Forming an Opinion
I suppose it is the change in weather. The searing heat and the oppressive humidity finally broke late last week, and cooler, dryer air took its place. It is the kind of weather that would make my elderly mother say “It feels like Fall” with a wistful tone to her voice, as if she were speaking of the inevitability of death. Perhaps it is this change in weather from summer heat to fall-like conditions that caused me to dream last night some twenty-five years past to the beginnings of a Fall semester at the University of North Carolina.
The details of the dream were quite confused. I had found myself in the presence of old dorm mates, some of whom were suffering from a stomach bug. One had experienced a trauma of some sort, and word was spreading among my fellow students about his brush with violence. I stood in the communal bathroom when I felt the urge to vomit, and soon the familiar warm liquid came up, smelling of sour milk and stale cigarettes. I cleaned myself off and set out on the mission that I so dreaded.
My walk across campus fused the familiar places of UNC with some of the cities I have known in my life since. I crossed Chapel Hill, London, Paris, and Washington, DC. I would move from one building in London past the beauty of a fog-shrouded McCorkle place, only to find myself standing next to a monument from Washington or Paris. It makes no sense now, but in the dream, it was all perfectly normal.
I soon found myself standing before Venable Hall and Wilson Library and went in search of my future Chemistry professor. I found him sitting with colleagues in a combination of the lab setting of Venable Hall and the stacks of the library, chatting with his peers. This particular professor had come to UNC, as he publicly stated back then, only because they offered him a laboratory to complete his research. Part of his contract stipulated that he also had to teach inorganic chemistry to undergraduates, a fact that made him resentful. He spoke openly about how he was only in the classroom because it was a requirement of his lease for the lab space.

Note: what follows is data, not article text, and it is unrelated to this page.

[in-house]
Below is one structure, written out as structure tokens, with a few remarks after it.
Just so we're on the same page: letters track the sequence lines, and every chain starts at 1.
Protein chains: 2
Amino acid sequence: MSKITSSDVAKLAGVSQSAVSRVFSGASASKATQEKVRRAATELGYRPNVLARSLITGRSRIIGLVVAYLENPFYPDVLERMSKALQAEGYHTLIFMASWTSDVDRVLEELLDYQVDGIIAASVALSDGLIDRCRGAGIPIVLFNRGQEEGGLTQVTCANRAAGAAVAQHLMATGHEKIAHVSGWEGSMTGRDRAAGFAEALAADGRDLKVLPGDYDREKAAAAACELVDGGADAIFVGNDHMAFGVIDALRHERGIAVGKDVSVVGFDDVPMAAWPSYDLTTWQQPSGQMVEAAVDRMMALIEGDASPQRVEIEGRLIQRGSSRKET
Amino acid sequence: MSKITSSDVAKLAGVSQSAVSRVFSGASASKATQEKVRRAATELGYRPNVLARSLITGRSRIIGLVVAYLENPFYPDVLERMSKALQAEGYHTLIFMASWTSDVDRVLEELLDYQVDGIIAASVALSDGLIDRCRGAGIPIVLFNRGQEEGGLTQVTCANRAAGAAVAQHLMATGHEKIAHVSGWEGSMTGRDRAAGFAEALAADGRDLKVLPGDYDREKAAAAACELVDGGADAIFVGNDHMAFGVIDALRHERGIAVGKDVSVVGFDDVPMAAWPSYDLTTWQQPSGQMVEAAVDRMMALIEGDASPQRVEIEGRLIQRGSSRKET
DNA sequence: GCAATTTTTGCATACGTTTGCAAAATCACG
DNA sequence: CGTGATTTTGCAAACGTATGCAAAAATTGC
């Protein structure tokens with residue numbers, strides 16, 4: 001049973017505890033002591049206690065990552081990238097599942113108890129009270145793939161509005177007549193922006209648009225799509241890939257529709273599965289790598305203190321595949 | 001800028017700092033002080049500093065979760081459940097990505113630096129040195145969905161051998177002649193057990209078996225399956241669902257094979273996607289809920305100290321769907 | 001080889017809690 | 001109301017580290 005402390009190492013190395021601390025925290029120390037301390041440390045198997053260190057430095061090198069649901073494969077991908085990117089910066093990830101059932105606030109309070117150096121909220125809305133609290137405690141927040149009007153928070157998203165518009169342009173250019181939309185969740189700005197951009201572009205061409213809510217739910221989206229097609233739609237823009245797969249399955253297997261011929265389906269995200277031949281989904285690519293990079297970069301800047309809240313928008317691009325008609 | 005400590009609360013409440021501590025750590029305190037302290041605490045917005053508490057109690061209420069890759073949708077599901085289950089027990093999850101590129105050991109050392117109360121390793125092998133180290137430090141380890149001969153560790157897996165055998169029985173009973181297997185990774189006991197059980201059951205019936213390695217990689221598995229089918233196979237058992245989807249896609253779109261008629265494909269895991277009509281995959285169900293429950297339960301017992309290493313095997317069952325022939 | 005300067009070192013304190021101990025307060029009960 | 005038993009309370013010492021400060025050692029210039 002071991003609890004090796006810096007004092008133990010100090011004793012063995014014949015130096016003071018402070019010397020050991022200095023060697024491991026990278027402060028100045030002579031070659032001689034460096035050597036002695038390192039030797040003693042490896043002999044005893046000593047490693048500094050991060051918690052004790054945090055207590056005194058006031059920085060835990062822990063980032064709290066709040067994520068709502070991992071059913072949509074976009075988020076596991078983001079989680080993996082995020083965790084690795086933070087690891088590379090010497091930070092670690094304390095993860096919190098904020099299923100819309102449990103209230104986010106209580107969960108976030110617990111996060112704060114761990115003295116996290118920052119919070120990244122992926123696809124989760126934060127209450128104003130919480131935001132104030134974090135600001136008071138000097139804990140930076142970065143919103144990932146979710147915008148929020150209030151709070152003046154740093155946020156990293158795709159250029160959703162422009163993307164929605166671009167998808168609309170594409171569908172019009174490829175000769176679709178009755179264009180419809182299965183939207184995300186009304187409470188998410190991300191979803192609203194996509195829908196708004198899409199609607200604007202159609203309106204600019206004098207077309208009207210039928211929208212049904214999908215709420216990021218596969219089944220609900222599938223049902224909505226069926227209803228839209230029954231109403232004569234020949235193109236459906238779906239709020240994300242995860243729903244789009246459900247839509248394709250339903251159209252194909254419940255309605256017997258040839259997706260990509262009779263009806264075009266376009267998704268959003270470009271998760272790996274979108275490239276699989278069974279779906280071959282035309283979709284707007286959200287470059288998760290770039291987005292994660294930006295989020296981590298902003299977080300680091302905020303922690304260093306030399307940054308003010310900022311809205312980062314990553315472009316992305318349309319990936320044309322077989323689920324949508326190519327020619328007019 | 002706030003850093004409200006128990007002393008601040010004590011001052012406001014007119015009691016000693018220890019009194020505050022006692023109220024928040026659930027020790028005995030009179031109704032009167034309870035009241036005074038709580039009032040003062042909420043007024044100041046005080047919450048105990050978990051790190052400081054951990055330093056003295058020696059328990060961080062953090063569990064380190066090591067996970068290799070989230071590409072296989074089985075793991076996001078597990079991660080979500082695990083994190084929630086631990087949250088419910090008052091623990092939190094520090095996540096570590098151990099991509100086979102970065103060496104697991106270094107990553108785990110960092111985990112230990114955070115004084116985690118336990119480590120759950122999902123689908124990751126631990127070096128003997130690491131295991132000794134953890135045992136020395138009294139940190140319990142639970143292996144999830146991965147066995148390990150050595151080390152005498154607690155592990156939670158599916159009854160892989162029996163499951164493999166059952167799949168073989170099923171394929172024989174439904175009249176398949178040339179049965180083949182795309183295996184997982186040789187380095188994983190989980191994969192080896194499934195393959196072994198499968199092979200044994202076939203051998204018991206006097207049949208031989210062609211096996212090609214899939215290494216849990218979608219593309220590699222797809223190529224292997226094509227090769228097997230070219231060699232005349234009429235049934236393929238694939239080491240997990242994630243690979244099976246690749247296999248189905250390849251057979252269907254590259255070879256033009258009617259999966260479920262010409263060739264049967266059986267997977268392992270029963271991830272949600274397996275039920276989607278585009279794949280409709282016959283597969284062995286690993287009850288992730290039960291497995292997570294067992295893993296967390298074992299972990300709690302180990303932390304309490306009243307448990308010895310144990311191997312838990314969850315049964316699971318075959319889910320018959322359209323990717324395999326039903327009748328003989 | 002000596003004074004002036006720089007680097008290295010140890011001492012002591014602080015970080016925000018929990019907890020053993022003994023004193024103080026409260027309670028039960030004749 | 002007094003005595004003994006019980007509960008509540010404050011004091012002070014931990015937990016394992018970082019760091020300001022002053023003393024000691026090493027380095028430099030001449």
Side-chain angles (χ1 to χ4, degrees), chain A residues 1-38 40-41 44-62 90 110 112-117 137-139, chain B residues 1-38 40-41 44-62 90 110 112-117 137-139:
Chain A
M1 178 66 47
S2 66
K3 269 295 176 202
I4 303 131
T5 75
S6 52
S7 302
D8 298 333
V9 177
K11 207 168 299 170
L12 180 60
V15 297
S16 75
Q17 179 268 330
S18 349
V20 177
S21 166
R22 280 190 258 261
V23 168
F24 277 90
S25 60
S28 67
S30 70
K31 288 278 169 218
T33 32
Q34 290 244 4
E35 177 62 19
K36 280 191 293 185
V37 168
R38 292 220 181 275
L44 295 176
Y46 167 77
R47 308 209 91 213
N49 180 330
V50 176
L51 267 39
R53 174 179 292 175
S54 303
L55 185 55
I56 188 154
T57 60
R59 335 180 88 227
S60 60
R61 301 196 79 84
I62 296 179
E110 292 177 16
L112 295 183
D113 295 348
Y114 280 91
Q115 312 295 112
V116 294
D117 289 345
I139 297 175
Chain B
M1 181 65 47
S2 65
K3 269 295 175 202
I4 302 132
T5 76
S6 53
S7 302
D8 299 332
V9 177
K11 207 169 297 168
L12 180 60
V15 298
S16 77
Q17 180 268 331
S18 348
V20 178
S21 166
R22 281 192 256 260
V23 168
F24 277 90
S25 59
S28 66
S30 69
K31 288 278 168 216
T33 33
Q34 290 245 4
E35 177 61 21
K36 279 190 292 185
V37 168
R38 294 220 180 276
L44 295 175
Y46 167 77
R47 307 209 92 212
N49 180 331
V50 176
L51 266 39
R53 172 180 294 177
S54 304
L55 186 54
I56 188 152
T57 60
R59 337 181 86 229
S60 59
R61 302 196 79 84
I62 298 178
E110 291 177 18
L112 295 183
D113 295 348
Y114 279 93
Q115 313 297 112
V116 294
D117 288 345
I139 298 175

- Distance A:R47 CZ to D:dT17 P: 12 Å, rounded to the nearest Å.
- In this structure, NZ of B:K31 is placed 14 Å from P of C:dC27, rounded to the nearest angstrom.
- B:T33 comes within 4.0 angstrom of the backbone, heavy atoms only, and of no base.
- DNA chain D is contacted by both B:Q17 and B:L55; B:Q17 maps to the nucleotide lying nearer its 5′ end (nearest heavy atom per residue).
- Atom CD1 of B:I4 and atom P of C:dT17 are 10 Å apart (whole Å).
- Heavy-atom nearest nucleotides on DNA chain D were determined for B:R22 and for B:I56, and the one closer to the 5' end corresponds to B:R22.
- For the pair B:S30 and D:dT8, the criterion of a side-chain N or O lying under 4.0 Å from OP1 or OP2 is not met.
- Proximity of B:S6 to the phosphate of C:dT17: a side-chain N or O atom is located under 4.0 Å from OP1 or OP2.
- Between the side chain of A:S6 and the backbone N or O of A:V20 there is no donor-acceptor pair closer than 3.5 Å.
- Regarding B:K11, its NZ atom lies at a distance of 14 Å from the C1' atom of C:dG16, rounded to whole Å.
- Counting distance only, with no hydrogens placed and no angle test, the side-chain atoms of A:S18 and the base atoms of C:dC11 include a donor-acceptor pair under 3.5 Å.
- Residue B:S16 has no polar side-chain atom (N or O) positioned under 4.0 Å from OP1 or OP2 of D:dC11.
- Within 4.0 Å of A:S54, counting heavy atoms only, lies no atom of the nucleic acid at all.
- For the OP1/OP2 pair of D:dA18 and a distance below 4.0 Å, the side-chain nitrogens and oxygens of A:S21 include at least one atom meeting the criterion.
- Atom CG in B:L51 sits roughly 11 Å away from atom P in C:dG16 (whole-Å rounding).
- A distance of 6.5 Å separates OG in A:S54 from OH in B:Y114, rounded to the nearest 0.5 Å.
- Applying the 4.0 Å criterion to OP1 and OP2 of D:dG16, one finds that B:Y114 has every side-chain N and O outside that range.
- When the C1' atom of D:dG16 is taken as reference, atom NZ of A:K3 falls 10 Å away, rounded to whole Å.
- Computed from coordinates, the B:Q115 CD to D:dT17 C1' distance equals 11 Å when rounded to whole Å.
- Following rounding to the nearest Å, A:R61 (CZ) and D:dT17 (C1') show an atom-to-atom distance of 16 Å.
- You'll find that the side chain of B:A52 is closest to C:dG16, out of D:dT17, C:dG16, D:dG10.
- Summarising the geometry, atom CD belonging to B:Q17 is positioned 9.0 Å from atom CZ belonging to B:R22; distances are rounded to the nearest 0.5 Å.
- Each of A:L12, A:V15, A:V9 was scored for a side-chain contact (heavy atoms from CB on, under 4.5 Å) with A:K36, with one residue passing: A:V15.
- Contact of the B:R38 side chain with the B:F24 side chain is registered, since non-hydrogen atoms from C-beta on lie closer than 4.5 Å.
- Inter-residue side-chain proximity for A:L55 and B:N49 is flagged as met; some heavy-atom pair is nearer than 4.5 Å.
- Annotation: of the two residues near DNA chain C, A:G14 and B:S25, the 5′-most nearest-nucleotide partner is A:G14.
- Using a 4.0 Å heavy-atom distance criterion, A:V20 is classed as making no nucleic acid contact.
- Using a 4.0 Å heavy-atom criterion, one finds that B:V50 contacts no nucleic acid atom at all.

My mission that day had been to solicit his help. I had just signed up for 18 hours of classes, but that schedule included his class in Chemistry as well as the second semester course in Calculus, a subject that gave me difficulty. I had come to plead for help if I needed it. As I approached the man who inspired fear of authority within me and who wore an absurd beard of Mennonite style, I remembered my smell of vomit and stale cigarettes and I apologized for having been sick and for reeking of it now. I would not approach closely enough to shake his hand, but instead, greeted him from a short distance away.
I asked if I could speak with him for a few minutes, and soon noticed that his colleagues had gathered around to listen in on our conversation. I explained that I had just signed up for his class as well as an overload of medieval French literature, economics, English composition, philosophy and last, but not least, the second semester calculus course that concerned me. I had done quite well in the first semester class, despite the ramblings of a math professor who also wore a Mennonite’s beard. I had done well, that is, until we came upon the chapter on verbal math problems. These devilish postulations of possibility gave me no end of terror and I pored over them in hopes of finding a single rule of logic that I could apply to break their spell over me. I had spent so much time in working through them that I didn’t focus on the introduction to derivatives that came next and instead focused my attention for the final exams on the word problems. When the final exam proved to consist almost entirely of derivatives, I performed miserably and watched my high B average for the class drop to a final grade of C.